The Art of Banksy, Amsterdam, 27th September 2016
By Michele H.
Having negotiated the vagaries of the Breda to Amsterdam train schedule and won (mainly thanks to KrissStallabrass and her mastery of the NS Reizen App), we made our way from Amsterdam Central station to the Beurs vanBerlage, the old Stock Exchange. Within this beautifully restored 19th century building is a new subterranean gallery, currently housing The Art of Banksy.
There, we found a comprehensive collection of more than 85 original works on canvas, paintings, photographs, and sculpture. The exhibition included well known works such as Balloon Girl and several of the playful ‘Rat’ artworks. Wewatched the short, Oscar-nominated documentary ‘Exit Through the Gift Shop’, a sideways look at the creation and marketing of street art. It was perhaps best described by the New York Times as “a trompe l’oeil: a film that looks like a documentary but feels like a monumental con.”
Who is Banksy? A street artist? A political activist? A vandal who targets public places? Is he Robert del Naja, frontman of Massive Attack? Or a cathedral-school educated Bristolian? Or a group of artists? Although he takes great lengths to conceal his identity, Banksy advocates a direct connection between an artist and his constituency, maintaining “There’s a whole new audience out there, and it’s never been easier to sell. You don’t have to go to college, drag round a portfolio, mail off transparencies to snooty galleries or sleep with someone powerful, all you need now is a few ideas and a broadband connection. This is the first time the essentially bourgeois world of art has belonged to the people. We need to make it count.”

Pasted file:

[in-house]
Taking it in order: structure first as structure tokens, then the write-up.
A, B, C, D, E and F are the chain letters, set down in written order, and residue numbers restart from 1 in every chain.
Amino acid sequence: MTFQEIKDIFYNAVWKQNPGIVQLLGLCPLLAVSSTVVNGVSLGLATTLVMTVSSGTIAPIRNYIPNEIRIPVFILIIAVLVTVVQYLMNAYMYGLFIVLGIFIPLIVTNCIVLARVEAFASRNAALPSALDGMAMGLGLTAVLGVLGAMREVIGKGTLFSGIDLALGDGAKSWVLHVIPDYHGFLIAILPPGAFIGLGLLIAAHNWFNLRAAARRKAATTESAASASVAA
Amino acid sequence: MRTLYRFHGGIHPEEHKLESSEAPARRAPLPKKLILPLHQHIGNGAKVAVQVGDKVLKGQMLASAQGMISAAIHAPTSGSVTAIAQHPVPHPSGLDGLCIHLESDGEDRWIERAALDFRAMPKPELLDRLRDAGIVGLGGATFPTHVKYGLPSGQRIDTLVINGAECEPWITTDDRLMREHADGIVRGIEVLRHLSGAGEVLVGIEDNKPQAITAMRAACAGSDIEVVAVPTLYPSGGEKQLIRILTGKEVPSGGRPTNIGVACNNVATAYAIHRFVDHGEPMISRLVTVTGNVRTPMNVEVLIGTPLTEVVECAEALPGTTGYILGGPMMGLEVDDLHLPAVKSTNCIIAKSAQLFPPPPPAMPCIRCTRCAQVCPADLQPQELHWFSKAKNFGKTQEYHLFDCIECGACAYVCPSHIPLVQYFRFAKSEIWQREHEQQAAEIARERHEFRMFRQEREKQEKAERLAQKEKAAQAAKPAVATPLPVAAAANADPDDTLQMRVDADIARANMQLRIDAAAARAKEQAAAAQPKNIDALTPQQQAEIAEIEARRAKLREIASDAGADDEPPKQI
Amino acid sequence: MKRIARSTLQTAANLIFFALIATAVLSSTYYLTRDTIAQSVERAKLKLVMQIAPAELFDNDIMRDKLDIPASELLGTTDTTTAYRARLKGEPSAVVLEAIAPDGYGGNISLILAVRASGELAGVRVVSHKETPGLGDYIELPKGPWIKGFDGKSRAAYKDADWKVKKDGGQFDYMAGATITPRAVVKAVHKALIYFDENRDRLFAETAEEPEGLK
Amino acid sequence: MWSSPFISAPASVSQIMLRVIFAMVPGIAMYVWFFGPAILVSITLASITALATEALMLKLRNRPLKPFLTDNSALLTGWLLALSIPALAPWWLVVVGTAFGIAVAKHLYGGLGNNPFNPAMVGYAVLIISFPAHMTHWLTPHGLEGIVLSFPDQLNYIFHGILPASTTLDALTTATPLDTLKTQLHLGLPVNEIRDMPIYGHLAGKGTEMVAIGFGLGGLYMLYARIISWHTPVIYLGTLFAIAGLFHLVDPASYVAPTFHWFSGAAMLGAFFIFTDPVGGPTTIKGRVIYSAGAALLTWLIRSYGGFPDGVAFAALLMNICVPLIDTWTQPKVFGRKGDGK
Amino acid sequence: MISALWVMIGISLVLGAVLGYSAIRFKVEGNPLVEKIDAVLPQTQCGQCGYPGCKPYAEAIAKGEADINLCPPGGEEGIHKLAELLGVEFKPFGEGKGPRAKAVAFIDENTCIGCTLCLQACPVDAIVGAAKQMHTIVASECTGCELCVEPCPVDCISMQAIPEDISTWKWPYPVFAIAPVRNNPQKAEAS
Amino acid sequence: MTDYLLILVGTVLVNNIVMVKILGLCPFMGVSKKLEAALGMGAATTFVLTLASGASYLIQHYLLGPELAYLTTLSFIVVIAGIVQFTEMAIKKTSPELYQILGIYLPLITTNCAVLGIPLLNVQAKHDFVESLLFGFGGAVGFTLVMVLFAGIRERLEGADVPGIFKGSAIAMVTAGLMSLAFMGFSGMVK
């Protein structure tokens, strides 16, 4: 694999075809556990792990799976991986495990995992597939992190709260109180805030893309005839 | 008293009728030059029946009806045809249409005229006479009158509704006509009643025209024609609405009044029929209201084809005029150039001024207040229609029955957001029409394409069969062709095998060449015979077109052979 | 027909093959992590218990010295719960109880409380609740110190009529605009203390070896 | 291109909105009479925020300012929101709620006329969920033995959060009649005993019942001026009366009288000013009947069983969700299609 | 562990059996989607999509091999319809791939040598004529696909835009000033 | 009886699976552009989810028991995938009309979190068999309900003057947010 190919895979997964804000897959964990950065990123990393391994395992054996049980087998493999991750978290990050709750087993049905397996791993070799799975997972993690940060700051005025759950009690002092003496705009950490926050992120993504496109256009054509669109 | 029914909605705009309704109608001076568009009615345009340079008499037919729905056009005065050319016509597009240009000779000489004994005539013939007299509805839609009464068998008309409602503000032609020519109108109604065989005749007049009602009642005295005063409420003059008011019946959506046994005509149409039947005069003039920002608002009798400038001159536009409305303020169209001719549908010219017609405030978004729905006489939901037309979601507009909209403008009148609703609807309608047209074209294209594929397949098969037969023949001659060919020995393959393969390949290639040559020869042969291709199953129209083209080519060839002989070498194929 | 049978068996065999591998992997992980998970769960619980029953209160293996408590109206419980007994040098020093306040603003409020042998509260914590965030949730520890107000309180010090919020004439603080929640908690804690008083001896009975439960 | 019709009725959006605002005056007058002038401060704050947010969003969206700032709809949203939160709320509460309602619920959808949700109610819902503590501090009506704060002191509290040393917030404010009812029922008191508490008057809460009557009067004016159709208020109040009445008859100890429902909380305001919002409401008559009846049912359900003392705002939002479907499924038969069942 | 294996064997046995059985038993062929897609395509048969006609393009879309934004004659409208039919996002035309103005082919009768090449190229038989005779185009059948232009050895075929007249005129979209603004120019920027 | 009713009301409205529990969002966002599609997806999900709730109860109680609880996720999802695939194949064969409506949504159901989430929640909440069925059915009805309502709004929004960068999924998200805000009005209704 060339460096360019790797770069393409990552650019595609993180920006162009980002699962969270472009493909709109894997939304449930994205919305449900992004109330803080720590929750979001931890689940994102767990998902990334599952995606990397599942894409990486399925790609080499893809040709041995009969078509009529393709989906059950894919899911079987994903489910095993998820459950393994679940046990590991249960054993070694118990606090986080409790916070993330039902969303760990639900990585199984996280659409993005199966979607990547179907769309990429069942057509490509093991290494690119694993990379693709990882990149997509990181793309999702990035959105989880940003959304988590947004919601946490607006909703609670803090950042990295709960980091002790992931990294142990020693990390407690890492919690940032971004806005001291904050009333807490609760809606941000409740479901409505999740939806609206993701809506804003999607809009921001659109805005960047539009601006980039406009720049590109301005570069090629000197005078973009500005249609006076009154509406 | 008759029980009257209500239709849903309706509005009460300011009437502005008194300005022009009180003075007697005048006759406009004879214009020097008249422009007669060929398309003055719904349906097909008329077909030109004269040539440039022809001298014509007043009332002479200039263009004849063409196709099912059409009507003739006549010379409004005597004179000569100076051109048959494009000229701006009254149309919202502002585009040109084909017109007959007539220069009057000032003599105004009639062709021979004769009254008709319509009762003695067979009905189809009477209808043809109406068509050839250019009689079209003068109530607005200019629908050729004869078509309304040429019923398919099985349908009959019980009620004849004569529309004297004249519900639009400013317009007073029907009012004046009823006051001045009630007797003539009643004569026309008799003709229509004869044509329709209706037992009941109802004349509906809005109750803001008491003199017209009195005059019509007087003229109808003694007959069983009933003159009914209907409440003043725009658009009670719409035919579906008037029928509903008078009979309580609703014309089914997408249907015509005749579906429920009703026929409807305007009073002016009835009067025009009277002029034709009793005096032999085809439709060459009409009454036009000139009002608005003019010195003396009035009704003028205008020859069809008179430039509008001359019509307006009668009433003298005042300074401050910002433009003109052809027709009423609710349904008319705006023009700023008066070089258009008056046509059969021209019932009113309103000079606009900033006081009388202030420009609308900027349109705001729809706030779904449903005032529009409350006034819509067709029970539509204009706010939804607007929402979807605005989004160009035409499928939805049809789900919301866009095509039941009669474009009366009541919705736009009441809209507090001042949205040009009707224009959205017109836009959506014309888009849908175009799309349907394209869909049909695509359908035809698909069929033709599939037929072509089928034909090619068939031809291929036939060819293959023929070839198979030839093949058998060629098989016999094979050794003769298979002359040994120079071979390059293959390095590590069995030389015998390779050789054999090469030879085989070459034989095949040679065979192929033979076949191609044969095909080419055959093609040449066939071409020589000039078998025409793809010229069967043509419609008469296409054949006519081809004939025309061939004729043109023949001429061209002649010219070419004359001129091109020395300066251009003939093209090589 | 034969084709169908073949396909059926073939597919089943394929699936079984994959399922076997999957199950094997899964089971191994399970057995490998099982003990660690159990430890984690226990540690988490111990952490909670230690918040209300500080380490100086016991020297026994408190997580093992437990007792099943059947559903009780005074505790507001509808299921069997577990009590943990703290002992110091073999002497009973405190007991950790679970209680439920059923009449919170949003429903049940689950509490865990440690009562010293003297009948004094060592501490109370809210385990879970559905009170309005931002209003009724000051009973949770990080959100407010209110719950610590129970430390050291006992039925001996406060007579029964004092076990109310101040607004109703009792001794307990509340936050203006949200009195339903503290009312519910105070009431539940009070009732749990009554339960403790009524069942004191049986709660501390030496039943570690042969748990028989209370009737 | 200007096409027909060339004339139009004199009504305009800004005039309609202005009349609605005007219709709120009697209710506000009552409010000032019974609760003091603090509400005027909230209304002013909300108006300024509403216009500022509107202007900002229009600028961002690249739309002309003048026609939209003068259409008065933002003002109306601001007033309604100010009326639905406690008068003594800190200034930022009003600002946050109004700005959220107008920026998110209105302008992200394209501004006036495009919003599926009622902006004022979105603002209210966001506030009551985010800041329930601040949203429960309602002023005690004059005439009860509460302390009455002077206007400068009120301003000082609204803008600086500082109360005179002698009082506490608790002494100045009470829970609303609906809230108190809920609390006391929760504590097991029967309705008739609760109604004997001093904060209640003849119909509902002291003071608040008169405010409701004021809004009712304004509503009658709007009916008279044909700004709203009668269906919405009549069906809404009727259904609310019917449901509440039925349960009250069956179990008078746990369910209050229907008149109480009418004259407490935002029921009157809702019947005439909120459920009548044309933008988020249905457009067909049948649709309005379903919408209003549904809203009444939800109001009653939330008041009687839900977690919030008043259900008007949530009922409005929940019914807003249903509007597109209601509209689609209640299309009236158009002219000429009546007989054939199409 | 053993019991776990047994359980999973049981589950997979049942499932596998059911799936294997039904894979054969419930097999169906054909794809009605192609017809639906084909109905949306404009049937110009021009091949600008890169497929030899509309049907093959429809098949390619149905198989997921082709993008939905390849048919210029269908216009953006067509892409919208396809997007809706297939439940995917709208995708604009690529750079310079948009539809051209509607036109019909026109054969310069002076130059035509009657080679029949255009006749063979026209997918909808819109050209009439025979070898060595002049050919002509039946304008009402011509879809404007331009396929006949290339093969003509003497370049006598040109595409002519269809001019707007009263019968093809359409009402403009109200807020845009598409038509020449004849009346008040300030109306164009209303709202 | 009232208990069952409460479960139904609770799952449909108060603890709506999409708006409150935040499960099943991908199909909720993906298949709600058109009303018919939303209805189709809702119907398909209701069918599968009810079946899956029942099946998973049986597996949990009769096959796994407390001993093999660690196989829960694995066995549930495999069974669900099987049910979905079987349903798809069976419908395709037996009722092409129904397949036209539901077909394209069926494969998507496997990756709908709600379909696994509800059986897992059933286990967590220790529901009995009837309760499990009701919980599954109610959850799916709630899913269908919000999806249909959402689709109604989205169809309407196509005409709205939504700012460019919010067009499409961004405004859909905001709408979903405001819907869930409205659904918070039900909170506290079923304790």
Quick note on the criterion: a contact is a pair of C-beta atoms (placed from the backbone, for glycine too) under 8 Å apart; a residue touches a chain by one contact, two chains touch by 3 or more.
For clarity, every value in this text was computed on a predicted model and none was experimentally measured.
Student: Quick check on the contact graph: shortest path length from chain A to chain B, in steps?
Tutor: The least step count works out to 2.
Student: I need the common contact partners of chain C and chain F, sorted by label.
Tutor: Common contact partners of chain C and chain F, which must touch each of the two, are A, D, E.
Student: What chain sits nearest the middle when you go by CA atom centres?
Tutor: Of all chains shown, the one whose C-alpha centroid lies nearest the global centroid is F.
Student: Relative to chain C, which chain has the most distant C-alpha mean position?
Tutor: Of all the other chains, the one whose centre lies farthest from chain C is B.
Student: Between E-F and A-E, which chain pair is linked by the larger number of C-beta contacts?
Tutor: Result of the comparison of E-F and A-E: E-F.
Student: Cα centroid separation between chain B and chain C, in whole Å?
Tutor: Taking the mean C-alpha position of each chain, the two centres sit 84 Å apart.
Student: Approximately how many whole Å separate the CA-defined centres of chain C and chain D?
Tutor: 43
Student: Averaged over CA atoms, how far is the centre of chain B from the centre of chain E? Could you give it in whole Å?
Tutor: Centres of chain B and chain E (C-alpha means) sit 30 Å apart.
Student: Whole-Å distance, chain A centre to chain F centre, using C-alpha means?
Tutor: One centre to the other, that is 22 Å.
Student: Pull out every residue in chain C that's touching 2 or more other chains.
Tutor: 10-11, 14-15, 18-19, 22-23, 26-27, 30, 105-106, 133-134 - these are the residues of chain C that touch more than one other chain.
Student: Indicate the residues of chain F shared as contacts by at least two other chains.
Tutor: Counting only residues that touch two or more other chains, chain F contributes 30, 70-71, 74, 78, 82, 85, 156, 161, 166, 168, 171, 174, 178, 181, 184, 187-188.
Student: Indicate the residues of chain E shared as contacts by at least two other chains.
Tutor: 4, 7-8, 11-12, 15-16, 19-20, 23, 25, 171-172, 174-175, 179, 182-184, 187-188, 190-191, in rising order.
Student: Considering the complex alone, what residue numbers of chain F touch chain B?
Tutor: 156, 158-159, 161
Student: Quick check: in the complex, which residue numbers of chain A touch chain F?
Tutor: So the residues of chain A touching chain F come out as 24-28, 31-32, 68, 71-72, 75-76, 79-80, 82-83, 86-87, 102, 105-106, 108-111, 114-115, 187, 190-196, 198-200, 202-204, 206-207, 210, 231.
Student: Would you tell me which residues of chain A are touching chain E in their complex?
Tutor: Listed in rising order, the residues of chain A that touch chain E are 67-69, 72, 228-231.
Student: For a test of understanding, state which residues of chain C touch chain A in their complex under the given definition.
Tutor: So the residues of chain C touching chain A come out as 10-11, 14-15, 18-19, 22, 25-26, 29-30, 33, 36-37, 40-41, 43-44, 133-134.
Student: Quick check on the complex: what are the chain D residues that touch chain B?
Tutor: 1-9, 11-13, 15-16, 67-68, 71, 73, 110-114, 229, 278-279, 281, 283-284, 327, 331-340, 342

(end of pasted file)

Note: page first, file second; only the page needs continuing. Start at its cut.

It could be said that Banksy’s subversiveness diminishes as his prices rise. He may already have reached the tipping point where his success has made it impossible for him to remain rooted in the subculture from which he emerged.
The irony that his anti-establishment art commands huge prices isn’t lost on him. “I love the way capitalism finds a place – even for its enemies. It’s definitely boom-time in the discontent industry.”
Towards the end of the exhibition, we pondered further the disconnect between a street artist exhibiting his work in a solid Dutch building.It transpires that the architect, Hendrik Petrus Berlage,was a staunch socialist who believed the stock exchange trade had a short lease of life. Inspired by the Italian Palazzo Publicos, he decided to design the building in such a way that it could serve as a grand communal home, a public palace, after socialism had triumphed. A fitting place for a Banksy collection after all.
We exited through the gift shop and found a nice place for lunch by the canal.